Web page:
Innovation environment, attitude, and the buzzing health tech scene convinced Takeda that Nordics are the place to be when it comes to innovation. Globally leading biopharma company with 50,000 employees, launched the Nordic Innovation Hub in June 2019. The innovation hub, with one node in Helsinki, focuses on digital health and artificial intelligence (AI) and has already partnered with several Finnish health tech organizations and companies.
Sanna Venetvaara, Head of the Nordic Innovation Hub, says that the decision to invest in a Nordic Innovation Hub is also indicative of how Takeda – one of the 10 largest pharmaceutical companies in the world – views the future.
“What we’re doing at the Hub constitutes a big part of where the company is going next,” she believes. A major part of the Hub’s agenda is taking emerging digital & AI solutions and making sure that they genuinely benefit the wellbeing of the patient.
Hannes Toivanen, Strategic Partnerships Lead at the Hub, explains that Takeda could have established an innovation hub anywhere in the world, but the Nordic innovation environment and the buzzing health tech scene convinced the company’s leadership.
“I feel that the best thing about the local ecosystem is the attitude. There is a genuine desire in the startup field to tackle big problems, using the best technology and solutions on a global scale,” Toivanen assesses. “This mindset was a big reason behind establishing the hub here.”
Sure, there are also things like cutting-edge hi-tech, access to patient data systems and solid healthcare infrastructure – but for Toivanen, it all starts and ends with the right attitude.
“Without it, you don’t stand a chance.”
“The best thing about the local ecosystem is the attitude. There is a genuine desire in the startup field to tackle big problems, using the best technology and solutions on a global scale”
Hannes Toivanen, Strategic Lead, Nordic Innovation Hub
Innovation Through Collaboration
Sanna Venetvaara adds that another key feature of the local ecosystem is collaboration: universities, research institutions and companies constantly band together in pursuit of some exciting new innovation. Often, these breakthroughs lead to creation of startups with the goal of changing the world.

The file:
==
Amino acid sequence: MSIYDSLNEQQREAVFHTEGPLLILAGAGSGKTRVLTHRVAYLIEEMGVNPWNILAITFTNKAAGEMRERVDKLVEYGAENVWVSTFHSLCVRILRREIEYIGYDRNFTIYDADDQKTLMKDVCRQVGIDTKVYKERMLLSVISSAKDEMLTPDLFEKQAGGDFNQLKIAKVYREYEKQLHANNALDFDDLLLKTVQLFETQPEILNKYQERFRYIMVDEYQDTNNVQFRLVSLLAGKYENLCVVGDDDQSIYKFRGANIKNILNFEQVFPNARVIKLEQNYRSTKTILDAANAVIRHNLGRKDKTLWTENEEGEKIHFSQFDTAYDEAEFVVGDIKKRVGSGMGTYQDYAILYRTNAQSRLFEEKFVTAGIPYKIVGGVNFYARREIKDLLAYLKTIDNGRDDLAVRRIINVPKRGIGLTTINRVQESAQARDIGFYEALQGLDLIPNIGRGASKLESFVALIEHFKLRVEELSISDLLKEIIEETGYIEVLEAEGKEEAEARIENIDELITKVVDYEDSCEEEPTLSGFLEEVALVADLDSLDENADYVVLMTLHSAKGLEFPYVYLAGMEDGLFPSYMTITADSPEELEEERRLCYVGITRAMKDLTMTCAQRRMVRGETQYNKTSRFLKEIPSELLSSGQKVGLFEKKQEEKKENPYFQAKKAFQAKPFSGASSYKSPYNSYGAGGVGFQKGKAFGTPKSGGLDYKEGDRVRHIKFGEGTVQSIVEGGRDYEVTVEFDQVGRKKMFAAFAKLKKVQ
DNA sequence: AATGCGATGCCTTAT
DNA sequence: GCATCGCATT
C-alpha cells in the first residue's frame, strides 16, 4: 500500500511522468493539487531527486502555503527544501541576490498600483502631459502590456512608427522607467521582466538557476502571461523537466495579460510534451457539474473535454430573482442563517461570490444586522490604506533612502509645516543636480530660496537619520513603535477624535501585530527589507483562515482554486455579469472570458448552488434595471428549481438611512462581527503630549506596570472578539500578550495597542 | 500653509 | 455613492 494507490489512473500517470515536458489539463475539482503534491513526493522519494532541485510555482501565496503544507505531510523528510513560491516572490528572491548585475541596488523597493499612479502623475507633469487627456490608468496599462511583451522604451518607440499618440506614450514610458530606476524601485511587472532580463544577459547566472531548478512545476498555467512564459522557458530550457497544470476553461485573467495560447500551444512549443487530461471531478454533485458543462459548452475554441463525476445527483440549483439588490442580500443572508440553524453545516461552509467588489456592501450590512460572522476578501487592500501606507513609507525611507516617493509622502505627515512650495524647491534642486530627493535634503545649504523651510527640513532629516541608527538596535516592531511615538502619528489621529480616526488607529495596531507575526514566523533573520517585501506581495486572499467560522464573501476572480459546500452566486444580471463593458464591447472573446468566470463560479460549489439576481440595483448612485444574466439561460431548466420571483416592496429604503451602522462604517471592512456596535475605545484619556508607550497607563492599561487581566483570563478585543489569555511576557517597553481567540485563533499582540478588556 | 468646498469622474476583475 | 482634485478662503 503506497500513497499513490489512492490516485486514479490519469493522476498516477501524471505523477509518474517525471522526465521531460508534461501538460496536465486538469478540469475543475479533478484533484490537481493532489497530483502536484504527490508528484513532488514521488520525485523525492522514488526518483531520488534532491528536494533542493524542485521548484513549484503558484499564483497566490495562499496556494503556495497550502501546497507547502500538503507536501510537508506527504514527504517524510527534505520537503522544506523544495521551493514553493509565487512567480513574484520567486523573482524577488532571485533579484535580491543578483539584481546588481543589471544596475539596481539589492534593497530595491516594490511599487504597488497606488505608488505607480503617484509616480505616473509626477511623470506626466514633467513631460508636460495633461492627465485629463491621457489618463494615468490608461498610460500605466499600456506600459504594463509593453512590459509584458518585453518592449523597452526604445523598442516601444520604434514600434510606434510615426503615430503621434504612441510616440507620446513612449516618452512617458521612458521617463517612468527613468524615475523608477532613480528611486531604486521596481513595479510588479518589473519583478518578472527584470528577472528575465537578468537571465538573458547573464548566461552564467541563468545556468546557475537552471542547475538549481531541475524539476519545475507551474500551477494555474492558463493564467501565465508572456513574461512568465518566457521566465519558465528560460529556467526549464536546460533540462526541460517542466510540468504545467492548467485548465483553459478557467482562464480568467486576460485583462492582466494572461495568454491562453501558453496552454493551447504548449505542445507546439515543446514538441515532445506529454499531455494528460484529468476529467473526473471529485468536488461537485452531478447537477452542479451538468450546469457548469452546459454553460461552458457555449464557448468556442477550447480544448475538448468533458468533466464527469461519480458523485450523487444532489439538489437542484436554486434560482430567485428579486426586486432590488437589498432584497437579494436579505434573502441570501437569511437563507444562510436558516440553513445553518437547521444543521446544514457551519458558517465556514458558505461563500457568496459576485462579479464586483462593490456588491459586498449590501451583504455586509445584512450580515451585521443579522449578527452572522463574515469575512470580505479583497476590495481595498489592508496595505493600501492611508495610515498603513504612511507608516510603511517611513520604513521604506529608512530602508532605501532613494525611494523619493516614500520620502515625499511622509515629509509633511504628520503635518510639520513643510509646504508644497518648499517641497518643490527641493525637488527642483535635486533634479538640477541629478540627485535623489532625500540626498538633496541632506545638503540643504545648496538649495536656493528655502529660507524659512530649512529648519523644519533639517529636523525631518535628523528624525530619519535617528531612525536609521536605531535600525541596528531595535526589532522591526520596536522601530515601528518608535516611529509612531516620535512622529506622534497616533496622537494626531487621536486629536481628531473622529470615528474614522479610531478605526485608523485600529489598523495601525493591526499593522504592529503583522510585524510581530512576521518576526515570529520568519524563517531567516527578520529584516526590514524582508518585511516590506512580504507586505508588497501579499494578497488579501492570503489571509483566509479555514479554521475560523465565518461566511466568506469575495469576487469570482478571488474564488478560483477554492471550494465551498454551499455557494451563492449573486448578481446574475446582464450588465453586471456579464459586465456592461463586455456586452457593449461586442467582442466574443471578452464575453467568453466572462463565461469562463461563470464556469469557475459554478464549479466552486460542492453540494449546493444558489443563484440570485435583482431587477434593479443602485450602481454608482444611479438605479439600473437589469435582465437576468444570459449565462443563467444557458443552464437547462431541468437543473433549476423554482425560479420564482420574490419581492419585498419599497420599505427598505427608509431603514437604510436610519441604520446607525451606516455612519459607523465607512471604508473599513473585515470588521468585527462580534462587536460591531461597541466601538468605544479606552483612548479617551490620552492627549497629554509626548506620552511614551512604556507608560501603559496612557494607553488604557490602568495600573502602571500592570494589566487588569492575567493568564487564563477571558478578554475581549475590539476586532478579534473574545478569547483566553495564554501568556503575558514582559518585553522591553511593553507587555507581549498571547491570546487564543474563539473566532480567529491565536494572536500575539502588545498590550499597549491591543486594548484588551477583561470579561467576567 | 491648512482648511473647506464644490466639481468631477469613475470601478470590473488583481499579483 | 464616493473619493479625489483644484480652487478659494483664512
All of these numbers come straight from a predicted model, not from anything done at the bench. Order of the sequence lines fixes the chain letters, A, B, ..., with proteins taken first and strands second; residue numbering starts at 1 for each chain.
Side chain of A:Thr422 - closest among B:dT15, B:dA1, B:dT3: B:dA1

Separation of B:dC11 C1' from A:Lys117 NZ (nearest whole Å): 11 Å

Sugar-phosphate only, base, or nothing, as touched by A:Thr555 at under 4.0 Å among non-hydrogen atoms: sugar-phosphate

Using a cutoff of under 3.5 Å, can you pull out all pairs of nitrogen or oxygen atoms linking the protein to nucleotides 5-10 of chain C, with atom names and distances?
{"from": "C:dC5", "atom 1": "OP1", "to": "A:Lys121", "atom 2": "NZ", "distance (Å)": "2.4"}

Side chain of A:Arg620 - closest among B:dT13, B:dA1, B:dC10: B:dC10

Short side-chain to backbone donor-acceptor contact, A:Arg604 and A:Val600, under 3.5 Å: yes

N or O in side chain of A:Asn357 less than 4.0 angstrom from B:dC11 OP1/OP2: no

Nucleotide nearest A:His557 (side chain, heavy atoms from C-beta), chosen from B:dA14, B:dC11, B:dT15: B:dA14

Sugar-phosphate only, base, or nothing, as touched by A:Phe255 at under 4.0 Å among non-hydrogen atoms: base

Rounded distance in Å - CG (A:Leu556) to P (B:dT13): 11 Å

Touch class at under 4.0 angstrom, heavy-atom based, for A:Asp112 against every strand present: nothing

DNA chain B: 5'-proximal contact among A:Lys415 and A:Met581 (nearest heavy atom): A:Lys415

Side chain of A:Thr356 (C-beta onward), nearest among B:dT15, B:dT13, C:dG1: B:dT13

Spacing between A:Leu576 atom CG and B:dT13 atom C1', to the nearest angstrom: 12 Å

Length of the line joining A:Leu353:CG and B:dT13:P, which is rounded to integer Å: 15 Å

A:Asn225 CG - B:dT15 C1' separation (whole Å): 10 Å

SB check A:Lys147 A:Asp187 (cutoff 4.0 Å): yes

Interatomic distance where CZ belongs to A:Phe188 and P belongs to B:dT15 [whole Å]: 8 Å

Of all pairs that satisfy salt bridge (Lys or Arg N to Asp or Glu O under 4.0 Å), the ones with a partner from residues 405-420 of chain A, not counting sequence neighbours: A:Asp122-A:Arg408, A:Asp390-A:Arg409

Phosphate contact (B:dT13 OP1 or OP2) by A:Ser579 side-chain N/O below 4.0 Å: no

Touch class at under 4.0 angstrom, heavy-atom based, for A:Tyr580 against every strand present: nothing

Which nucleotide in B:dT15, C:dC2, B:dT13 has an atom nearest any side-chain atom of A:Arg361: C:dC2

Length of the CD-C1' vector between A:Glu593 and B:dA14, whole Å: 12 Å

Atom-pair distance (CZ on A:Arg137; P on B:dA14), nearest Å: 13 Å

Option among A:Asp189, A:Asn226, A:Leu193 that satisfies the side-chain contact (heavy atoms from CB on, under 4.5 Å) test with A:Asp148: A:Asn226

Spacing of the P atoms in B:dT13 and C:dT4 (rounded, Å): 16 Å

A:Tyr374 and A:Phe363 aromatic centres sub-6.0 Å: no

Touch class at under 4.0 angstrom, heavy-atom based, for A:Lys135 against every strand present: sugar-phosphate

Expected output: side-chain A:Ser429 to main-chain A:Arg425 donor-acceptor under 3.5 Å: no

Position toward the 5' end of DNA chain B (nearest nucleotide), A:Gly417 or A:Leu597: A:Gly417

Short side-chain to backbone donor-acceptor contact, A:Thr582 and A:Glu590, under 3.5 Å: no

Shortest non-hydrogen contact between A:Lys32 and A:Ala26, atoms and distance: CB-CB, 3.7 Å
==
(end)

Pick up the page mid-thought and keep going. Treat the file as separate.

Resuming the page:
Venetvaara and Toivanen say that during the first year of the Hub’s operation, they’ve acquired a pretty good handle on the startup scene in the Nordics. During the past 12 months, they’ve heard pitches from about 100 startups.
Still, Toivanen points out that Takeda may well be a “different kind of animal” in the innovation game. “When startups pitch to us, they often lead with business aspects and talk about the profits horizon. What we’re most interested in, however, is the question: how does all this benefit the patient?”
Takeda’s philosophy has always been ‘patient first’ and this is evident in the creation of the Hub as well; Venetvaara and Toivanen say that they want to cultivate relationships specifically with companies who share the mindset and values.
“We’re seeking for partners to contribute in projects where there can be a wide range of participation from different actors, including also healthcare professionals and patients,” says Venetvaara.
Venetvaara points out that with Takeda’s support, likeminded startups can, conceivably, push onwards to international fame. “We can help local startups reach the global markets,” she says.
Ingeborg R. Borgheim, Head of Nordics at Takeda, believes that the Nordic Innovation Hub is an important part of Takeda’s efforts to build more “sustainable, value-based healthcare”.
“An important enabling factor is the unique way that ‘the innovation attitude’ forms a part of the Nordic society and health ecosystem. This makes it easy for Takeda to involve a wide range of stakeholders, from startups to hospitals and cities, to improve healthcare with new solutions and approaches,” Borgheim comments.
Getting the hub up and running has required hard work – and quality partners. “Helsinki Business Hub and Health Capital Helsinki have offered support that has been just invaluable,” Toivanen and Venetvaara conclude.